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Hẻm Gems: The Midnight Hủ Tiếu Only for Saigon's Most Patient Night Owls

As a Saigonese who has lived abroad for half of her life, I have a huge craving for hủ tiếu khô (dry noodles), my go-to breakfast meal and a dish my family always made sure to get on our way to my mother’s hometown in the Mekong Delta. Something special about the combination of the rich rice noodle, bone broth, and pork slices made us return for more. Though I later moved to the US and was exposed to other versions of dry noodle dishes and flavorful cuisines from different parts of the world, the memory of savoring a rich and topping-full hủ tiếu khô bowl from the motherland still remains in my mind. 

Before I returned to Saigon, I started scrolling through social media posts for hủ tiếu places that are worth a visit in the city, hoping to find that familiar taste of the past. A month later, I was sitting on a bustling Trần Bình Trọng Street sidewalk with new friends from Saigoneer, ordering noodle bowls at 9pm. The hủ tiếu treat was the last thing on our bucket list for the night. However, for the owner and staff of this Hủ Tiếu Heo Gà eatery, their work day had just barely started. This bustling sidewalk noodle shop is one of the few eateries that open throughout the night to satisfy past-midnight cravings of local late-night owls.

The beacon shining in the middle of the night.

From the outside, it looks just like any ordinary outdoor noodle shop on the streets of Saigon — used napkins scattered around the floor, rows of metal tables and blue stools spanning the narrow sidewalk, and busy staff running up and down the aisle to service customers. Still, the eatery attracts a large number of people every night. The noodle place is open from 6pm to 4am six days a week and attracts so many customers that latecomers sometimes have to stand waiting to be seated.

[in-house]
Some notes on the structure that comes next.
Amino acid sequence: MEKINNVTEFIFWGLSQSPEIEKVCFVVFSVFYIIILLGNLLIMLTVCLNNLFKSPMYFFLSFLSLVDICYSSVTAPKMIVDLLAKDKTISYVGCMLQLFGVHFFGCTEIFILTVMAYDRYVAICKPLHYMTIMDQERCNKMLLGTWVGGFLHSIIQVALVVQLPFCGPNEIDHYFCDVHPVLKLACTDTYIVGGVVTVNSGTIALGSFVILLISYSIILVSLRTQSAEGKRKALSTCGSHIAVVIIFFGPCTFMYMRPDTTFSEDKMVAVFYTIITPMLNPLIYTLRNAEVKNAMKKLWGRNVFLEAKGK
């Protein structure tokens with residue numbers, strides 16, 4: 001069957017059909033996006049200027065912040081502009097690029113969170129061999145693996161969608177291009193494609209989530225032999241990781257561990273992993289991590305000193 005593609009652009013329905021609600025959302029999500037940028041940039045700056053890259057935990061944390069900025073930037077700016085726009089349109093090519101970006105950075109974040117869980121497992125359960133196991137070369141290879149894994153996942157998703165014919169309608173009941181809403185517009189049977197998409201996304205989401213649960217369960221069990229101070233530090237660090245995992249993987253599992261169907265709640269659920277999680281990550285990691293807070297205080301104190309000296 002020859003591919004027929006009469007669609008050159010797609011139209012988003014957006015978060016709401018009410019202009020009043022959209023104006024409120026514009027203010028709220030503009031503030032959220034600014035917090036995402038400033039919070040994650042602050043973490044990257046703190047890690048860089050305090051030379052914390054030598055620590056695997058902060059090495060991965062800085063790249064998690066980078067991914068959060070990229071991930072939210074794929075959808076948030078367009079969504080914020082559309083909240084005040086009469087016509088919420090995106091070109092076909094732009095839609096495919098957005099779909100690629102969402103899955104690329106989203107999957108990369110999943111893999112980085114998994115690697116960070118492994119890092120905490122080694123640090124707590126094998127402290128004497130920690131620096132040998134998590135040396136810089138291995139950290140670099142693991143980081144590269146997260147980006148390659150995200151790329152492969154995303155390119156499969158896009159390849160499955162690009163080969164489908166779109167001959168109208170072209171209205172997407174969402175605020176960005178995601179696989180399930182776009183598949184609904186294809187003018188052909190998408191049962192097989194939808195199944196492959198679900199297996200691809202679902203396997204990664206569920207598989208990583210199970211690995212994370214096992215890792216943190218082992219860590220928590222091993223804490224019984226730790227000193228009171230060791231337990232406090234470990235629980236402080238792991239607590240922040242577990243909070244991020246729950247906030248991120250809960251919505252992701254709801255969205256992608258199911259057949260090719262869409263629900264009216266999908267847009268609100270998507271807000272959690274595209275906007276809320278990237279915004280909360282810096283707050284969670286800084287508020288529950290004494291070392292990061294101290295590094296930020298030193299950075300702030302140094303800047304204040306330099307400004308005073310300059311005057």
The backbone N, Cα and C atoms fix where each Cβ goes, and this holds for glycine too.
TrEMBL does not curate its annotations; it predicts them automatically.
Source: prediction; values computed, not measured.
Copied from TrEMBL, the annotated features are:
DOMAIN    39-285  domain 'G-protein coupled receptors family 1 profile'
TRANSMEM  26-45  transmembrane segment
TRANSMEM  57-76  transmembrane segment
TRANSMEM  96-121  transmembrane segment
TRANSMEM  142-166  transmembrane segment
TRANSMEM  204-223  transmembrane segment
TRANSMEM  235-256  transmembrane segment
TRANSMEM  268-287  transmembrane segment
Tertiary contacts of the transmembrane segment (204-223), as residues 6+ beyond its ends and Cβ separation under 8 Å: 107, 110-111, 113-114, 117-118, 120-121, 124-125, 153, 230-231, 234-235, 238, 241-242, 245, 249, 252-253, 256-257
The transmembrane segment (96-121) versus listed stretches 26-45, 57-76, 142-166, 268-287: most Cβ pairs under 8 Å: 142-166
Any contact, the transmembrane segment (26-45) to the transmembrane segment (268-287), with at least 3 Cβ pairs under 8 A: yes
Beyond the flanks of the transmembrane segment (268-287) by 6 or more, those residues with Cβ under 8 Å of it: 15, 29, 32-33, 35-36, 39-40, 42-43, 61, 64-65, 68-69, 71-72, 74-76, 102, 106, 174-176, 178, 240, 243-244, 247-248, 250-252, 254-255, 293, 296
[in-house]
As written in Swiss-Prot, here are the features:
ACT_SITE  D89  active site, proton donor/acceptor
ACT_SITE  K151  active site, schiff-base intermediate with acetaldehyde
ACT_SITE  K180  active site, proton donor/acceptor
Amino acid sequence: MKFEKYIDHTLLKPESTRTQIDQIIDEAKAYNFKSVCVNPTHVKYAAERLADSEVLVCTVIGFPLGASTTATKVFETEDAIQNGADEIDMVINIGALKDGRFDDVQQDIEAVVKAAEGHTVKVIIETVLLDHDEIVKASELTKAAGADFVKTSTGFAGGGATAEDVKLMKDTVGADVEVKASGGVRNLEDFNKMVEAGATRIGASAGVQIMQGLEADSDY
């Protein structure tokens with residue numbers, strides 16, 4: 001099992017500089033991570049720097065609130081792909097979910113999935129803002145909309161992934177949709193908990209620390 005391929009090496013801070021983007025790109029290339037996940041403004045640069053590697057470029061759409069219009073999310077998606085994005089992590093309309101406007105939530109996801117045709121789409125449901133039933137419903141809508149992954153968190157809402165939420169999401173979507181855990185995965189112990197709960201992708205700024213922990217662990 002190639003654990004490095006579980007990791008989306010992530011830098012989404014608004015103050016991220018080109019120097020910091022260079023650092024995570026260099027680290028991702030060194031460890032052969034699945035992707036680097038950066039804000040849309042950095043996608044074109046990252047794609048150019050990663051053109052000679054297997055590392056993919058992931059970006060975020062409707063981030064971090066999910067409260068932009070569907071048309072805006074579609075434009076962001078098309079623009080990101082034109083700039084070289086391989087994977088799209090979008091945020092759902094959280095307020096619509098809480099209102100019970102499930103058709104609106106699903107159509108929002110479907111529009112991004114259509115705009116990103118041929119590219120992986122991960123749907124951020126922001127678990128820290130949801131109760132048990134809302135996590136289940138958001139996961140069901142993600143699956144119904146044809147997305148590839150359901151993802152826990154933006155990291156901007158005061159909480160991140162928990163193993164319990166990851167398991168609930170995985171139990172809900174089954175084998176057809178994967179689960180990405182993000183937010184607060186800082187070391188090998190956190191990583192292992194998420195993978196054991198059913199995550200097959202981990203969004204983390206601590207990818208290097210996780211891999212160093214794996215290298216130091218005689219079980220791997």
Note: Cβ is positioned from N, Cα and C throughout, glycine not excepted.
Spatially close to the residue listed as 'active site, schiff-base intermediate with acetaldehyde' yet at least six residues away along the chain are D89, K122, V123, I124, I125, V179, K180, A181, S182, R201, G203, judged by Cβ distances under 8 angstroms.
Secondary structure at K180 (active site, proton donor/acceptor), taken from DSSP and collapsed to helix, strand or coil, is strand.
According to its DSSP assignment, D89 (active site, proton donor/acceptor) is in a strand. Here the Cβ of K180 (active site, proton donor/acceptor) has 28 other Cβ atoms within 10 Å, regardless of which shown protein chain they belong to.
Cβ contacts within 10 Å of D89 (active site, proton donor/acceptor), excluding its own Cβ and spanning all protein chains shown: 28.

Hủ Tiếu Heo Gà is open through the night until 4am.

The eatery serves bánh canh, miến, nui, mì sợi, or mì gói in both dry and soup versions, but it is mainly known for its hủ tiếu heo (pork noodles) and hủ tiếu gà (chicken noodles). Hủ tiếu heo comes with topping options such as heart, liver, throat, tongue, stomach, lean meat, ham, and short ribs; while hủ tiếu gà can be served with shredded or chopped meat along with young eggs and chicken intestines. Most customers who come here opt for a “full topping” noodle bowl with a generous offering of pork and chicken intestines, meat, and a large serving of noodles.

The long wait is a "feature," not a bug.

Besides satisfying people’s cravings, this sidewalk noodle shop is famous for testing its customers' patience. It usually takes 25–45 minutes from when one places an order to when the food is served. Most people come here with a waiting mentality, so if you have an impatient member in your group, it might not be the most suitable stop to relieve your late-night hunger. On the other hand, if you are in for a fun challenge, the final reward won’t disappoint. After all, patience is the secret to good food.

Dry noodles is the signature dish here.